Identifying WA soils

Western Australia covers a vast area with a wide range of soil types. Many areas of the south-west of the state are characterised by soils with sandy surfaces ranging from deeps sands to sands over clays, and soils dominated by ironstone gravels. Soils in the northern parts of the state, although variable, are often characterised by oxides of iron giving them a characteristic red colour.

Soil type influences the capacity of the land to support agricultural production, and an understanding of their characteristics and distribution is very important for sustainable land management.

Through research and the development of information resources, the department plays an important role in assisting landholders to better understand their soils.


  • There are many benefits from monitoring and assessing pastoral rangeland condition, and monitoring is done at several levels to meet the needs of rangeland managers, researchers and government admi

  • Healthy soils support the exchange of energy and nutrients, which sustains plant and animal life as well as the production and decomposition of organic matter.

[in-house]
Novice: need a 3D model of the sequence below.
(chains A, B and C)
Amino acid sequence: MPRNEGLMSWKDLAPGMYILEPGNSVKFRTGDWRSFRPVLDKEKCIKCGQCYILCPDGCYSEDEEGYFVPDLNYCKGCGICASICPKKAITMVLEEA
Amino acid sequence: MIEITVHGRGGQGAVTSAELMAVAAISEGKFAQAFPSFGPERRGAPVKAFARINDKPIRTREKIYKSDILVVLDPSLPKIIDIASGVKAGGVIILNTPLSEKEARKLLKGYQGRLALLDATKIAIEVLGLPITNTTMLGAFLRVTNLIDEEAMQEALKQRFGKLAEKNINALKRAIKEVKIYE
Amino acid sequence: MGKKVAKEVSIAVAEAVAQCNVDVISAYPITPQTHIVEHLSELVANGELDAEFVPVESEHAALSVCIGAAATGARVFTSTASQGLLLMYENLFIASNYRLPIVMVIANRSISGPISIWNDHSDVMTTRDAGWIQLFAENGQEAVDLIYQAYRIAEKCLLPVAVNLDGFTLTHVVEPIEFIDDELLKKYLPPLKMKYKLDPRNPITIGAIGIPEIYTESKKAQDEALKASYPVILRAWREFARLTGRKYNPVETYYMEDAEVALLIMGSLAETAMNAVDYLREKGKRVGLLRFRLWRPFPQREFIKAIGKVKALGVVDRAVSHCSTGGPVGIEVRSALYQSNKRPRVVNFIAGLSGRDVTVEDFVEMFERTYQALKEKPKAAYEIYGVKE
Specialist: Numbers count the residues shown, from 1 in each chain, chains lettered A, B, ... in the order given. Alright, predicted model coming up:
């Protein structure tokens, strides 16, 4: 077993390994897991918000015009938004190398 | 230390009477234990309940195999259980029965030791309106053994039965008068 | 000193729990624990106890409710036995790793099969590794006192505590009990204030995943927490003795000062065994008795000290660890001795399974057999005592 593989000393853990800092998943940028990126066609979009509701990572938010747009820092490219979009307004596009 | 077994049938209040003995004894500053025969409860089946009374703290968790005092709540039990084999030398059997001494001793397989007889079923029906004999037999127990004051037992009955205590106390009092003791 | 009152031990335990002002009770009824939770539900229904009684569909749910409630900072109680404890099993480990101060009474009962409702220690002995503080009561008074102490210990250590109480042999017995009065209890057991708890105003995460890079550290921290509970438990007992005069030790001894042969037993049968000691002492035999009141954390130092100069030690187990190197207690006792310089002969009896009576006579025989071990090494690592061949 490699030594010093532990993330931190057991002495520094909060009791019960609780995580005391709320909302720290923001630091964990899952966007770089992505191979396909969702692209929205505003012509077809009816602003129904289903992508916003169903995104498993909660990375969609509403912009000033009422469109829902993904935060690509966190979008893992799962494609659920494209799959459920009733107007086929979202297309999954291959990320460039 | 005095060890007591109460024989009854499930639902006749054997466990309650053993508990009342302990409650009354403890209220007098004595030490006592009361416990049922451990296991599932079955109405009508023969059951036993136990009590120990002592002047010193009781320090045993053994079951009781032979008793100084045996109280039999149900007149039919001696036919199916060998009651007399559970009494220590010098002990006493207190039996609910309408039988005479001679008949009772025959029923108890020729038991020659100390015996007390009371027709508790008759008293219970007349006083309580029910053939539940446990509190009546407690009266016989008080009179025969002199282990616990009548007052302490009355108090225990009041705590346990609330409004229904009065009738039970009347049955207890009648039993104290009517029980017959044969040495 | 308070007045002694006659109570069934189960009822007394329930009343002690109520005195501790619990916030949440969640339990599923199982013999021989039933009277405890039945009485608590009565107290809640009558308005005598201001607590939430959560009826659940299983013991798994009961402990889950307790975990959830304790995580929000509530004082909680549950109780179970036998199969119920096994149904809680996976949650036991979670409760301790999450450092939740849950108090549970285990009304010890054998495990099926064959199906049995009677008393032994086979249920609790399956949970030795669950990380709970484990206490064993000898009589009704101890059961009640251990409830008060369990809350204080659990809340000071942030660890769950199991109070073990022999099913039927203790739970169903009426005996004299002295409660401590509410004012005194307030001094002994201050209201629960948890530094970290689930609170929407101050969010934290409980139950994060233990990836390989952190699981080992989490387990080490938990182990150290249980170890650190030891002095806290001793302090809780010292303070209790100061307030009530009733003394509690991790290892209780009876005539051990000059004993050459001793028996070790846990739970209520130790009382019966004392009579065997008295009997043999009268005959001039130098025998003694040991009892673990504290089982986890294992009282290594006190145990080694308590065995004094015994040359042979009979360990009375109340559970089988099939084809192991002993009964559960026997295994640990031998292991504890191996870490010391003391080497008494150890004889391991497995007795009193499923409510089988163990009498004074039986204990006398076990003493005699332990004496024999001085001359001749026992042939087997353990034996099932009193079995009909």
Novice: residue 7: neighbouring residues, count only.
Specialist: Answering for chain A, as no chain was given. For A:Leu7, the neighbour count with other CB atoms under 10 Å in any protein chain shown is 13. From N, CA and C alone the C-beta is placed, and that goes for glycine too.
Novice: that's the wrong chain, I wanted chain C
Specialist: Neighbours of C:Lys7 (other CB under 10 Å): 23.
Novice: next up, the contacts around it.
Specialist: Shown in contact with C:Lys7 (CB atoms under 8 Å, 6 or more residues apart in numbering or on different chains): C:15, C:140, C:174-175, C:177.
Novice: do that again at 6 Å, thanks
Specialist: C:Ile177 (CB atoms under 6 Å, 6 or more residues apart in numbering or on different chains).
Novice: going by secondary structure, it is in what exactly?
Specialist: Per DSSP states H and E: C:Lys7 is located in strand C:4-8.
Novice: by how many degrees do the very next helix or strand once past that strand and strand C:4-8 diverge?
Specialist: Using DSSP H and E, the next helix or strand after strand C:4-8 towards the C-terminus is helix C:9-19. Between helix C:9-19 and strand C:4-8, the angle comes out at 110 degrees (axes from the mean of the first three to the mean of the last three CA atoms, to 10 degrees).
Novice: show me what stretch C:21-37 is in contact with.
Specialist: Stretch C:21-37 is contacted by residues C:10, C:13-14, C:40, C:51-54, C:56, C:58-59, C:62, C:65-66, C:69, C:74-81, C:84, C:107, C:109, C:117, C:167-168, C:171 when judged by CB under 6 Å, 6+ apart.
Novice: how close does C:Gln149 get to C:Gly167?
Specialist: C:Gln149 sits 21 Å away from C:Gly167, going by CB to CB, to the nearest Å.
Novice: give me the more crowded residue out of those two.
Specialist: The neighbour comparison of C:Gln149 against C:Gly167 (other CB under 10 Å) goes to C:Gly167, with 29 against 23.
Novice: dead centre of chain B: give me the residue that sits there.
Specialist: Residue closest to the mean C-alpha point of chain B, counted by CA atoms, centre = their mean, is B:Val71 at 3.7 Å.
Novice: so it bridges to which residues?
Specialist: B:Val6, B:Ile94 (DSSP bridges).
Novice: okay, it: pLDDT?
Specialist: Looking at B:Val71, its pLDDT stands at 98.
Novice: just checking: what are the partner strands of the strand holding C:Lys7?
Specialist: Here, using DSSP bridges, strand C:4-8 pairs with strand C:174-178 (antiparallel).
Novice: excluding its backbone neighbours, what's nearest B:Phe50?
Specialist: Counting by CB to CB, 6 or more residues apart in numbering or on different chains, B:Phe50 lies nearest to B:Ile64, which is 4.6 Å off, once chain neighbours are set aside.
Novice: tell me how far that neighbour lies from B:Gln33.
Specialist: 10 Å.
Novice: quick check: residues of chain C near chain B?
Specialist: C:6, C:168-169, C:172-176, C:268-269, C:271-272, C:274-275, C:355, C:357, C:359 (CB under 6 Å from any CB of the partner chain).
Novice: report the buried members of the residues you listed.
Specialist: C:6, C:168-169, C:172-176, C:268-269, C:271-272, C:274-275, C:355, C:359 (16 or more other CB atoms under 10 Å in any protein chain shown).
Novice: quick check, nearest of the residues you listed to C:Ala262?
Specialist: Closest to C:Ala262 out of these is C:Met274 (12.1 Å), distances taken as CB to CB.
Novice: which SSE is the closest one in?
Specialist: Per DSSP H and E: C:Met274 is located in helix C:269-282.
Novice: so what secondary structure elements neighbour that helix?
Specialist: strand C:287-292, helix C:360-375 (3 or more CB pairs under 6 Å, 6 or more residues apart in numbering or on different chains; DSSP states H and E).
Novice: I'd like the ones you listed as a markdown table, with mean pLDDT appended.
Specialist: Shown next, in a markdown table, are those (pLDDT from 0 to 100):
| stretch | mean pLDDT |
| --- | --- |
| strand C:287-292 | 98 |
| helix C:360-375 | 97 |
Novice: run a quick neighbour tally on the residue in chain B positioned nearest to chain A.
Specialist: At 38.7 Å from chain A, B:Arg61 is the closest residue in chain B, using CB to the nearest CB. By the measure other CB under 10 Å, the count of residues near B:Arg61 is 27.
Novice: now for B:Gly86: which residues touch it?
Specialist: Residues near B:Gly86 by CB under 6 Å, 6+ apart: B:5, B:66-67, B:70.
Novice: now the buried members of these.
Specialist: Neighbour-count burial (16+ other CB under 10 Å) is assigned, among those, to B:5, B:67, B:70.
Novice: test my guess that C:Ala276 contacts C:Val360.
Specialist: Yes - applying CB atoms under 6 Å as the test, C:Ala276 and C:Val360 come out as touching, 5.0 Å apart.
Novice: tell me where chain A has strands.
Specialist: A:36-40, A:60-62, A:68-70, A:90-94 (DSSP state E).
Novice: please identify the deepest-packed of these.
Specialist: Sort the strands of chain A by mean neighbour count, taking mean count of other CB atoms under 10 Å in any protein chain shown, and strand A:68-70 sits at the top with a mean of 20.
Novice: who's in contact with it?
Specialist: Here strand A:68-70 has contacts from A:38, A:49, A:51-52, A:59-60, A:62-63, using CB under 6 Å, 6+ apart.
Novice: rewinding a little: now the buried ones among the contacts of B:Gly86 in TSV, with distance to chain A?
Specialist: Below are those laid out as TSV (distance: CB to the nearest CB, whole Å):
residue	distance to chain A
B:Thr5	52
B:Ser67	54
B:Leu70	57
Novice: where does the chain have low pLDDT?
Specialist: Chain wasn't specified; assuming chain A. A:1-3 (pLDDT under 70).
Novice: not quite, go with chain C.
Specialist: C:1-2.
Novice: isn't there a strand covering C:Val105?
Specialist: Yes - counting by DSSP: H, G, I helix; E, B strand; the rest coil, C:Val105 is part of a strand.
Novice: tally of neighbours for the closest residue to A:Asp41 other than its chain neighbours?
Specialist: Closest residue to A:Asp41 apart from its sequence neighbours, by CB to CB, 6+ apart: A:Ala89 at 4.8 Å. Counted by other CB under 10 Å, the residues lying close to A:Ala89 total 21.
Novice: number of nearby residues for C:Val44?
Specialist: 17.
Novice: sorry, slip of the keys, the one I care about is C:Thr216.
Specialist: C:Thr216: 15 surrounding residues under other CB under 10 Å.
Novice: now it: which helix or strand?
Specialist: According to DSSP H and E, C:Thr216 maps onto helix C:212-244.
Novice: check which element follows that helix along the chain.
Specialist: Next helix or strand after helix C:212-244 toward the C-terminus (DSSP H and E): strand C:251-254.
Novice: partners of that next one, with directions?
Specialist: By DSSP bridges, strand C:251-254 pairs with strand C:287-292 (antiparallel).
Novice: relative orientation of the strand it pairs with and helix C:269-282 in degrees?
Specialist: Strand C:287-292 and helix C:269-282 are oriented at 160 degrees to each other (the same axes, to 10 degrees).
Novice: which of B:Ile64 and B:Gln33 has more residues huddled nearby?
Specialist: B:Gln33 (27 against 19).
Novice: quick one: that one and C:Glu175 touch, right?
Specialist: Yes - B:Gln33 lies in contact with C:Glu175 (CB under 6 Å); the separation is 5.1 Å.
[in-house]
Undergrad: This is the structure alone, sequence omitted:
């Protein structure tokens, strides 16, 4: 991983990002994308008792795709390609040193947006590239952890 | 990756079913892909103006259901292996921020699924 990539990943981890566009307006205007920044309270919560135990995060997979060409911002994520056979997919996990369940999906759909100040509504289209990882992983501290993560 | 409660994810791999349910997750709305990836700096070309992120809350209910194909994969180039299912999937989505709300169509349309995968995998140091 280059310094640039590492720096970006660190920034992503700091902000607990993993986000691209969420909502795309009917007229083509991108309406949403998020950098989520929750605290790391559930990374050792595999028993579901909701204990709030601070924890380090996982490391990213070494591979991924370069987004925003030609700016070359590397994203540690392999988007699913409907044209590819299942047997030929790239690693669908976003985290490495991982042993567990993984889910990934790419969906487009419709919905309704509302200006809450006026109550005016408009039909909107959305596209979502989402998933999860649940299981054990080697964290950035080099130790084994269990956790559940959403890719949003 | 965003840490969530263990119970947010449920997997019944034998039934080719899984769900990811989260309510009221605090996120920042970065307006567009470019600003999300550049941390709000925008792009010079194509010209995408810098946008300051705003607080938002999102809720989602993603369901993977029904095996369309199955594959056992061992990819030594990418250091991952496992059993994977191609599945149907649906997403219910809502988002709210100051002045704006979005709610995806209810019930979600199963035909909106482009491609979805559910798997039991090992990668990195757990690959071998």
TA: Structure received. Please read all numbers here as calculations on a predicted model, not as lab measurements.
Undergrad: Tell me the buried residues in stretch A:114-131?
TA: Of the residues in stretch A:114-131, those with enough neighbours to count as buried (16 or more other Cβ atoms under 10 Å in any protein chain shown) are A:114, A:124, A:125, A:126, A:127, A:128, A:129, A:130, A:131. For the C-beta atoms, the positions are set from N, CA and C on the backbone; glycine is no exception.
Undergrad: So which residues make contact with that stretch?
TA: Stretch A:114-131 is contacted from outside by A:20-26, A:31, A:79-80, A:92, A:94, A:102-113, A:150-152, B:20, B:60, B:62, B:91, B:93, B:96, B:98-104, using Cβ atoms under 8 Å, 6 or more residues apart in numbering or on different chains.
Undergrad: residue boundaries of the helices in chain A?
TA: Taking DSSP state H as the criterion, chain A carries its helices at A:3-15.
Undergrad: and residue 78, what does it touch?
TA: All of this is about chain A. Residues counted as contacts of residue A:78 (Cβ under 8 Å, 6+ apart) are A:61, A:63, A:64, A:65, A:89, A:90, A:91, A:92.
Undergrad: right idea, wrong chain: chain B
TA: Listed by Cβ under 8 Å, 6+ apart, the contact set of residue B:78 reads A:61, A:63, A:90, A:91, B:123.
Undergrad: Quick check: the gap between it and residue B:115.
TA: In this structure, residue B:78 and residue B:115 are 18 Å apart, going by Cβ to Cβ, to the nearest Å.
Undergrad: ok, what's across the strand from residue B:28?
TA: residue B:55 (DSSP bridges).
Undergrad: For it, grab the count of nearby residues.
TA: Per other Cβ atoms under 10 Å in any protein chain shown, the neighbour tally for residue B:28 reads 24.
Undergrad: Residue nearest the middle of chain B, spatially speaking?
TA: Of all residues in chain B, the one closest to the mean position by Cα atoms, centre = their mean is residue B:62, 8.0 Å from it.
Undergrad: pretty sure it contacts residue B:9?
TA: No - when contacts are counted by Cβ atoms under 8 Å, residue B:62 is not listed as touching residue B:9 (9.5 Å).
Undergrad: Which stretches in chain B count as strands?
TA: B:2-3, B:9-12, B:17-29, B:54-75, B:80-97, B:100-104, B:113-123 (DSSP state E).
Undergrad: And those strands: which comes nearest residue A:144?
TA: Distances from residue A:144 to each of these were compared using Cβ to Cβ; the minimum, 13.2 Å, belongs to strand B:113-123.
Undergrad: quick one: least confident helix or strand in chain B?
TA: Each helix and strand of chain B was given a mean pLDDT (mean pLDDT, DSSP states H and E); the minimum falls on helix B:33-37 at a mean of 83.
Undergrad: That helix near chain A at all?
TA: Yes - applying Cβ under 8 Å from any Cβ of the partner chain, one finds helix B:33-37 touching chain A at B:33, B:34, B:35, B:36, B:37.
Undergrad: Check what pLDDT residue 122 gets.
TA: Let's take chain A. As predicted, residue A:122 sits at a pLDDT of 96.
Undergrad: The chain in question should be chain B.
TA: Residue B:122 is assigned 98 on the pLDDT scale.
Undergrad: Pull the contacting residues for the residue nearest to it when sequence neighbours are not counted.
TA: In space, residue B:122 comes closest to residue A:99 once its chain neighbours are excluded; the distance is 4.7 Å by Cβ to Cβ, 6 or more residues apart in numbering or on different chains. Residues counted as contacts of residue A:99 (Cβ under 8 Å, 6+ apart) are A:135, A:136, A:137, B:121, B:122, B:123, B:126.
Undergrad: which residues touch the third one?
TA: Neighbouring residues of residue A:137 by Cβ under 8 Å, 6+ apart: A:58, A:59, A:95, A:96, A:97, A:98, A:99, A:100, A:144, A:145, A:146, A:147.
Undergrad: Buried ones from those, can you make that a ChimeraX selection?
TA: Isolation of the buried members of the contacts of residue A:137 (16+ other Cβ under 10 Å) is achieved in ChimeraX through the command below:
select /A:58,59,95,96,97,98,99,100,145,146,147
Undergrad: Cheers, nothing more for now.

• This guide helps users to describe the most important parts of a soil profile and provide an easy way to understand and explain the diversity of our soils.

  • Estimating or measuring soil texture provides valuable information about soil properties affecting crop and pasture growth. Soil texture affects the movement and availability of air, nutrients and

  • This page provides links to information on the constraints and characteristics of each soil group, soil profile images and maps showing where soil groups are located in Western Australia.

  • Soil aggregate stability is the ability of a soil to regulate the movement and storage of air and water throughout the soil profile.

  • The only way to diagnose soil acidity is to sample the soil and test the pH.

  • Sand or loam topsoil over alkaline clay subsoil at <30 centimetres (cm).

  • Yellow, brown and red deep sands.